Synchronous Online, Summer, 1 Credit, 8 weeks

Instructor: Gunars Platais

Course Information

Successful economic development has been an elusive target in many countries of the Global South. Considerable intellectual effort has been spent on this issue over many decades with mixed results. A recent and alarming trend shows that inequality has deteriorated across all countries, rich and poor alike. For example, the United Nations Development Program’s (UNDP) Human Development Report 2014 states that “although poverty is declining overall, almost 800 million people are at risk of falling back into poverty if setbacks occur.” Fittingly, the UNDP’s 2019 Human Development Report will focus precisely on this topic: inequality. According to the UNDP, almost 1.5 billion people are living in poverty in 91 developing countries with poor to almost non-existent health and education systems resulting in unacceptable living standards.

We know that countries can improve the standard of living and the quality of people’s lives even under adverse circumstances, and that countries have made great gains to meet the Millennium Development Goals (MDGs) despite only modest growth in income. At the same time, some countries with strong economic performance over the decades have failed to make similarly impressive progress in life expectancy, poverty alleviation, schooling, and overall living standards.
 

Course Description  

The course will address main development topics based on a theoretical framework applied to practical real-life examples with a focus on the contribution of engineering to these solutions. The format of the class will be guided by analysis and in class discussions in order to provide a multi-sectoral approach. Students will be introduced to basic economic theory and how it applies to economic development in order to better understand the conditions of poverty. Furthermore, students will also examine how the role of engineering intersects the solutions space. Some of the questions to be addressed include: Why do developing countries have poor health, high child mortality, face extreme poverty, low levels of education, and high levels of child labor?  Which, if any, policies are effective in alleviating these problems? Emphasis will be placed on analyzing current economic issues and policies in their historical context. The course is organized around a series of key themes, which will be explored with reference to particular societies and their histories. The process of economic reform, agricultural and industrial development, income distribution, health and education and international economic relations will all be scrutinized on a macro level in order to identify the negative and positive advances that have been accomplished internationally thus far.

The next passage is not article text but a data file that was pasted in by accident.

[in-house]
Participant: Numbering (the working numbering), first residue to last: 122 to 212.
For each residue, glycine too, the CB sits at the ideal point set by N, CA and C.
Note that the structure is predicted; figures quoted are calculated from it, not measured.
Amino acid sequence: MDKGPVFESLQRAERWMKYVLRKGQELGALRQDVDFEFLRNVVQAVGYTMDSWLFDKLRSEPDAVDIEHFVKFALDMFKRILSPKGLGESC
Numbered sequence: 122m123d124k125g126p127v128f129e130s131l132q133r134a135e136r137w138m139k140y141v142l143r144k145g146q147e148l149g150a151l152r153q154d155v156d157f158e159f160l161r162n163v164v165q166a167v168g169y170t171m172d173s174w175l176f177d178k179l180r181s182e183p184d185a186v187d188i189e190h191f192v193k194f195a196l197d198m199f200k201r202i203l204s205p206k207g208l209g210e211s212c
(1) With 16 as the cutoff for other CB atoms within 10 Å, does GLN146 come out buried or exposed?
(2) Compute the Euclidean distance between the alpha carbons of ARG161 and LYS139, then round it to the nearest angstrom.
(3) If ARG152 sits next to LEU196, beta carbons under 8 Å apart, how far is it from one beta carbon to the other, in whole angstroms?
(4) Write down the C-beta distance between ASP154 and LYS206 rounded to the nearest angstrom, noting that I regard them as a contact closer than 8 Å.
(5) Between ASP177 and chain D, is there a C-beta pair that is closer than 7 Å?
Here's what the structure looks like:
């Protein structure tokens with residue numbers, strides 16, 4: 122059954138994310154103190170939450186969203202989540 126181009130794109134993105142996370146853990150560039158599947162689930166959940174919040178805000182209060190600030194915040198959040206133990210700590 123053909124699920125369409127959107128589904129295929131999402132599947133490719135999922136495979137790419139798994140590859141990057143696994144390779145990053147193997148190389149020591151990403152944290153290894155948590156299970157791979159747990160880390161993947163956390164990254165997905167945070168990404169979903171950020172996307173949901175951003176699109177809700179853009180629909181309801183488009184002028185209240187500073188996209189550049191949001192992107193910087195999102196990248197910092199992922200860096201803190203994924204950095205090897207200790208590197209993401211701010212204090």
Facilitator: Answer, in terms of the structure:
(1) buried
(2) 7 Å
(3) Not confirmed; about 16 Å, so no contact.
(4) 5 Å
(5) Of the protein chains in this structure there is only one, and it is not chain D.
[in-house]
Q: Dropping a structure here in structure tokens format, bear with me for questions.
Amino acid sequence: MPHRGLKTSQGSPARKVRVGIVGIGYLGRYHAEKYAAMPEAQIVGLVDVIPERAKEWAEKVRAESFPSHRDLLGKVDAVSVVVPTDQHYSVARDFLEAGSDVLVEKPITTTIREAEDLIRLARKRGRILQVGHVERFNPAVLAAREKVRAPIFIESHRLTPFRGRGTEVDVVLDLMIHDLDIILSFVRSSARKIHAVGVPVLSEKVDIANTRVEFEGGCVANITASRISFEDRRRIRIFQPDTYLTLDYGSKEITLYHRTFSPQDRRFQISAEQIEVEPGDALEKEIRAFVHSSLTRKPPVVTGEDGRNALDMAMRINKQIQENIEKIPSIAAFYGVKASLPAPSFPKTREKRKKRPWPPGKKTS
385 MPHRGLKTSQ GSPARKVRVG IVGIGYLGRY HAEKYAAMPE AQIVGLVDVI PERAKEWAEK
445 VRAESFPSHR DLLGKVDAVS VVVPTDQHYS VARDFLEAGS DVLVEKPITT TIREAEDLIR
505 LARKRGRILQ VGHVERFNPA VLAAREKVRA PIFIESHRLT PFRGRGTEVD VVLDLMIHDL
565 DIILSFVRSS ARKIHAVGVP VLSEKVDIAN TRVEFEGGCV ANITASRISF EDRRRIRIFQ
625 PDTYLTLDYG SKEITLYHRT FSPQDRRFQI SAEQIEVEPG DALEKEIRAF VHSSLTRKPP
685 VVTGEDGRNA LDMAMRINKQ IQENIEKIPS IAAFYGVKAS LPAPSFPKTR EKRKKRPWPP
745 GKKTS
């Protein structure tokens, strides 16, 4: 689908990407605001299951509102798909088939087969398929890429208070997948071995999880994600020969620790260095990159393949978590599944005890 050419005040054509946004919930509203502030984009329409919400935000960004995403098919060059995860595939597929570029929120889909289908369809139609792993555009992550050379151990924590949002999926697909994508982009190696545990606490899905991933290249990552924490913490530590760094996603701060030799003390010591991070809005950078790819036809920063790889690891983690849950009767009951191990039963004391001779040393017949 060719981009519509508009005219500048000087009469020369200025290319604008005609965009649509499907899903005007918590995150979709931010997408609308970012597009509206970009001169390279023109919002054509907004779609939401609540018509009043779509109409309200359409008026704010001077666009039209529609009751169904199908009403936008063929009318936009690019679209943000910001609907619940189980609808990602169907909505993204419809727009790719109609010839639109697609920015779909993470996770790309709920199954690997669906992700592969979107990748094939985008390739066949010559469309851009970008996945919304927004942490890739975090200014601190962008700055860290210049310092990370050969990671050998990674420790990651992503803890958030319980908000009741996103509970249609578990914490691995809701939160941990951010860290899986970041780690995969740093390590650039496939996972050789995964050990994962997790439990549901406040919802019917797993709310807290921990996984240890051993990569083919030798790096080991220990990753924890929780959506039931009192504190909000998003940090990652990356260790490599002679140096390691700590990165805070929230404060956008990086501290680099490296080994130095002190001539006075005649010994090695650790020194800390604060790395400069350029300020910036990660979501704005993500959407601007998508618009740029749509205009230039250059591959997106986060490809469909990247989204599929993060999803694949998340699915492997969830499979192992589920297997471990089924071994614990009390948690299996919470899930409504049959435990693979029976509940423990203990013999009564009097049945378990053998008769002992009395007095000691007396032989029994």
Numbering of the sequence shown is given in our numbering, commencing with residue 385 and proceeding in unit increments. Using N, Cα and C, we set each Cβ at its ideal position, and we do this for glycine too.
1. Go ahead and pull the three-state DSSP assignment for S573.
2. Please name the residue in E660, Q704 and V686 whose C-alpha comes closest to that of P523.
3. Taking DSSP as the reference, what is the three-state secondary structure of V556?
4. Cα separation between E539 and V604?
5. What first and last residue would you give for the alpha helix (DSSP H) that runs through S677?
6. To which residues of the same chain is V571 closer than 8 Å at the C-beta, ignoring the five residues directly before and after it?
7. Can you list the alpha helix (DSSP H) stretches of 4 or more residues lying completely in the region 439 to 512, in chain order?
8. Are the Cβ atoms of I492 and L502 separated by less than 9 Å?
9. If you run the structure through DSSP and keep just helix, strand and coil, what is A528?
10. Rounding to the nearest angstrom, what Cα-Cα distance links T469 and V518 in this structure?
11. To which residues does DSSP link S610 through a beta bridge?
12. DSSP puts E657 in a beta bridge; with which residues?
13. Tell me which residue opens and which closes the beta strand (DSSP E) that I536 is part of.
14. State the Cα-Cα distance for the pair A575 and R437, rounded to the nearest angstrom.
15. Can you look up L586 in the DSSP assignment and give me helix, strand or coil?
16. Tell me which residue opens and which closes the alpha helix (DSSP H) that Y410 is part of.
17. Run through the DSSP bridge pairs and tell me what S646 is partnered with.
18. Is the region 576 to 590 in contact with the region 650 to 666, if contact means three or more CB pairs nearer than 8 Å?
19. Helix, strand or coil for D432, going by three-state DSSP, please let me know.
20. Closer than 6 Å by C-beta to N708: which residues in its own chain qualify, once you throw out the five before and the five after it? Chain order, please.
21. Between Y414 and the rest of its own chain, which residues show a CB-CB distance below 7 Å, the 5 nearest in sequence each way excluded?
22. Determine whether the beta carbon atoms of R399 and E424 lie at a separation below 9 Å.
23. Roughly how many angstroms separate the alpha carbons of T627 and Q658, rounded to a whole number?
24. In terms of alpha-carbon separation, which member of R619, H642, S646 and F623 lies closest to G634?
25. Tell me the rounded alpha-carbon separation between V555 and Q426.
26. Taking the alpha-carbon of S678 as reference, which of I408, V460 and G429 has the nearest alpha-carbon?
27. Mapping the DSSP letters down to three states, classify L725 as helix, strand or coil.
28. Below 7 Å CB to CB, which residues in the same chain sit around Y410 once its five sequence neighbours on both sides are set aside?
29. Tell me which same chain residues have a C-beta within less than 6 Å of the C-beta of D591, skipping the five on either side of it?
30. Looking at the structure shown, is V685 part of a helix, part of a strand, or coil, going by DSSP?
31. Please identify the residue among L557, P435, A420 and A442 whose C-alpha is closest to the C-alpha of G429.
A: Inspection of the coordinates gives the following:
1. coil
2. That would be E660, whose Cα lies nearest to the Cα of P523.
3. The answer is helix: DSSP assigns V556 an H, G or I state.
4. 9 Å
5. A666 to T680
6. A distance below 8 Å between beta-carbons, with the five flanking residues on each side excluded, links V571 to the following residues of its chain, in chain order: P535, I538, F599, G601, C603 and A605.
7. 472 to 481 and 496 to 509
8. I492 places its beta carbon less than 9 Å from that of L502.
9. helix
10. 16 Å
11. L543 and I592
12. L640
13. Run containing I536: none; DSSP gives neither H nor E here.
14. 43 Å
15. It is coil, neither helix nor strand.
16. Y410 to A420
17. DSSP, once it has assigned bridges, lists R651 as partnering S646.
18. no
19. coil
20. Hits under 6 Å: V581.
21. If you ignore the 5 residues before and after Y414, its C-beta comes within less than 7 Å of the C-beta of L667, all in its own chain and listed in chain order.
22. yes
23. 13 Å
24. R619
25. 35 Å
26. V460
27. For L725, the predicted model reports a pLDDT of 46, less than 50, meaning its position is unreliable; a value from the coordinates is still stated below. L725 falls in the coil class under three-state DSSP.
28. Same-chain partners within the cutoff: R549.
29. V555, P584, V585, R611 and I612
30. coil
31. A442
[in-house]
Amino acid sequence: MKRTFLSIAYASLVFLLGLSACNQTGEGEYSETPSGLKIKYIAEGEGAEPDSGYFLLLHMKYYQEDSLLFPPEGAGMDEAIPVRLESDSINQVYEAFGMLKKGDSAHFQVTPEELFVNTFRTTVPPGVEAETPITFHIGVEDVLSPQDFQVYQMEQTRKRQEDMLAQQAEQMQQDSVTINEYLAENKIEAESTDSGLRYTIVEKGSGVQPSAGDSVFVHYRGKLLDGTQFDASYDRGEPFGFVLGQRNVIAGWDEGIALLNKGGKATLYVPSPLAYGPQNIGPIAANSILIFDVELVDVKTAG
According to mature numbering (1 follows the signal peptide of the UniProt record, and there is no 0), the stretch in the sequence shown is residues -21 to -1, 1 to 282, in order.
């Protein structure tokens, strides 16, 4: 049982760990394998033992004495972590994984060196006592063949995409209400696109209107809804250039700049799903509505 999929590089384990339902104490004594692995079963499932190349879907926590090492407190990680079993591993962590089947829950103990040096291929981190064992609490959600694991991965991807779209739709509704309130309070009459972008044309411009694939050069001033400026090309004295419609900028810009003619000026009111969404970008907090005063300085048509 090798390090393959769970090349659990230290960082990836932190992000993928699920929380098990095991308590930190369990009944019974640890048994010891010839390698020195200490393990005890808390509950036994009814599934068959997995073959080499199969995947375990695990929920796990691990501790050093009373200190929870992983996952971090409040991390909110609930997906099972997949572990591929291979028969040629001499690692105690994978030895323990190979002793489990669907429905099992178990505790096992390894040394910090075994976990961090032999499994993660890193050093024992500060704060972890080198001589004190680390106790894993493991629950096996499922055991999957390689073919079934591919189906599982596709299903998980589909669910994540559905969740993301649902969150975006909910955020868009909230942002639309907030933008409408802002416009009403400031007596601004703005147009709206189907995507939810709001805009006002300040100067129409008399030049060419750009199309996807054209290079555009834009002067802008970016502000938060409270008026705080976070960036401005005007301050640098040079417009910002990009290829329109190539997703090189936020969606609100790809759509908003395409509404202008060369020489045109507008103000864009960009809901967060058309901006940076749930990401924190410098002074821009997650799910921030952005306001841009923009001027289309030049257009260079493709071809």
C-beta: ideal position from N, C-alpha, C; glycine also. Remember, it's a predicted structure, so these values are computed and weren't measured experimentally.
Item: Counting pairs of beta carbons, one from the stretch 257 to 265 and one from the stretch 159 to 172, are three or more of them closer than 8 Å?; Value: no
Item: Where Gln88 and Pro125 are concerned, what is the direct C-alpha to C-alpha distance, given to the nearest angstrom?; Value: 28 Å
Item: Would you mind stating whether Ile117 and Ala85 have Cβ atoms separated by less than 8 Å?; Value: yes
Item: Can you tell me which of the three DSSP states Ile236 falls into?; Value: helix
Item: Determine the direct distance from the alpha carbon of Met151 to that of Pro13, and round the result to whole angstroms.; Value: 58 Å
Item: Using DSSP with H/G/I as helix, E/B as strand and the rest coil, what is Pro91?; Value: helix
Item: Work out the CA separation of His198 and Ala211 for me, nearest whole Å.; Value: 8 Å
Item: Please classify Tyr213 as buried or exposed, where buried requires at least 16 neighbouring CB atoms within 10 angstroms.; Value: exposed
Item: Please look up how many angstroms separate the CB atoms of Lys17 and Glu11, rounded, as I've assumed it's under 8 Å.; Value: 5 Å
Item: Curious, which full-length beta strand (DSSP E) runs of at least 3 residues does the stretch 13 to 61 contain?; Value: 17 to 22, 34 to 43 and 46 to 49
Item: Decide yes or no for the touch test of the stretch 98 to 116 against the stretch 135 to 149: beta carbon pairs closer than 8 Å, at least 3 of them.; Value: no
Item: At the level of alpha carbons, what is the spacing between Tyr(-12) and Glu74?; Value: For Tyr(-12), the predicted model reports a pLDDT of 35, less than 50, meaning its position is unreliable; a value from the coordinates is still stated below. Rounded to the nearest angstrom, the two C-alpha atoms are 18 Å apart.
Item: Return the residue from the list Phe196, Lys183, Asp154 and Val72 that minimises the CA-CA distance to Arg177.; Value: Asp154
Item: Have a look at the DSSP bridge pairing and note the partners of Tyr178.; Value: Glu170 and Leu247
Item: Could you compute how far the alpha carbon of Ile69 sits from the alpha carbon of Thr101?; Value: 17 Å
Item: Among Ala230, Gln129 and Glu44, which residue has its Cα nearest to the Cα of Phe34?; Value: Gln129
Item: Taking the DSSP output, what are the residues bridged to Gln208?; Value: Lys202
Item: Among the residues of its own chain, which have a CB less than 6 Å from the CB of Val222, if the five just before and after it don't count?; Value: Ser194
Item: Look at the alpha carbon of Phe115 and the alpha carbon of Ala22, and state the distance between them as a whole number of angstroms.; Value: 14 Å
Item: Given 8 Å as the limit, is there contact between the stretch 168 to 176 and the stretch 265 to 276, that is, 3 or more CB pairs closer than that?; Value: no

The key cross-cutting themes are:

  • Theories of economic development: What are the causes of economic growth as well as the barriers to development? How do we best explain sustained economic development, and what are the limitations of these theories? How does engineering intersect in this space?
  • International development assistance (aid): Its critical role and how this has contributed (or not) to assisting countries improve their circumstances and of their people. The differences between different donor government agencies will be explored.
  • Modalities of development assistance: Supporting economic development through programs, budget assistance and projects. Logical Framework Approach and capacity building tools.

Summary Content

In the spirit of an integrated analysis the course covers, amongst other things, and in varying degrees of depth, the following topics: an understanding of the difference between growth and economic development; the meaning and measurement of economic development; major growth theories; sustainability; poverty and income distribution; inequality; significance of agriculture in developing countries; poverty and population issues; international trade; and the importance of foreign aid; the role of geography and institutions; fertility and population growth; social and environmental impacts; the role of credit markets and microfinance; health and nutrition; education; female empowerment.

Learning Goals

  • Students will have a broad understanding of the central themes and issues of economic development and growth.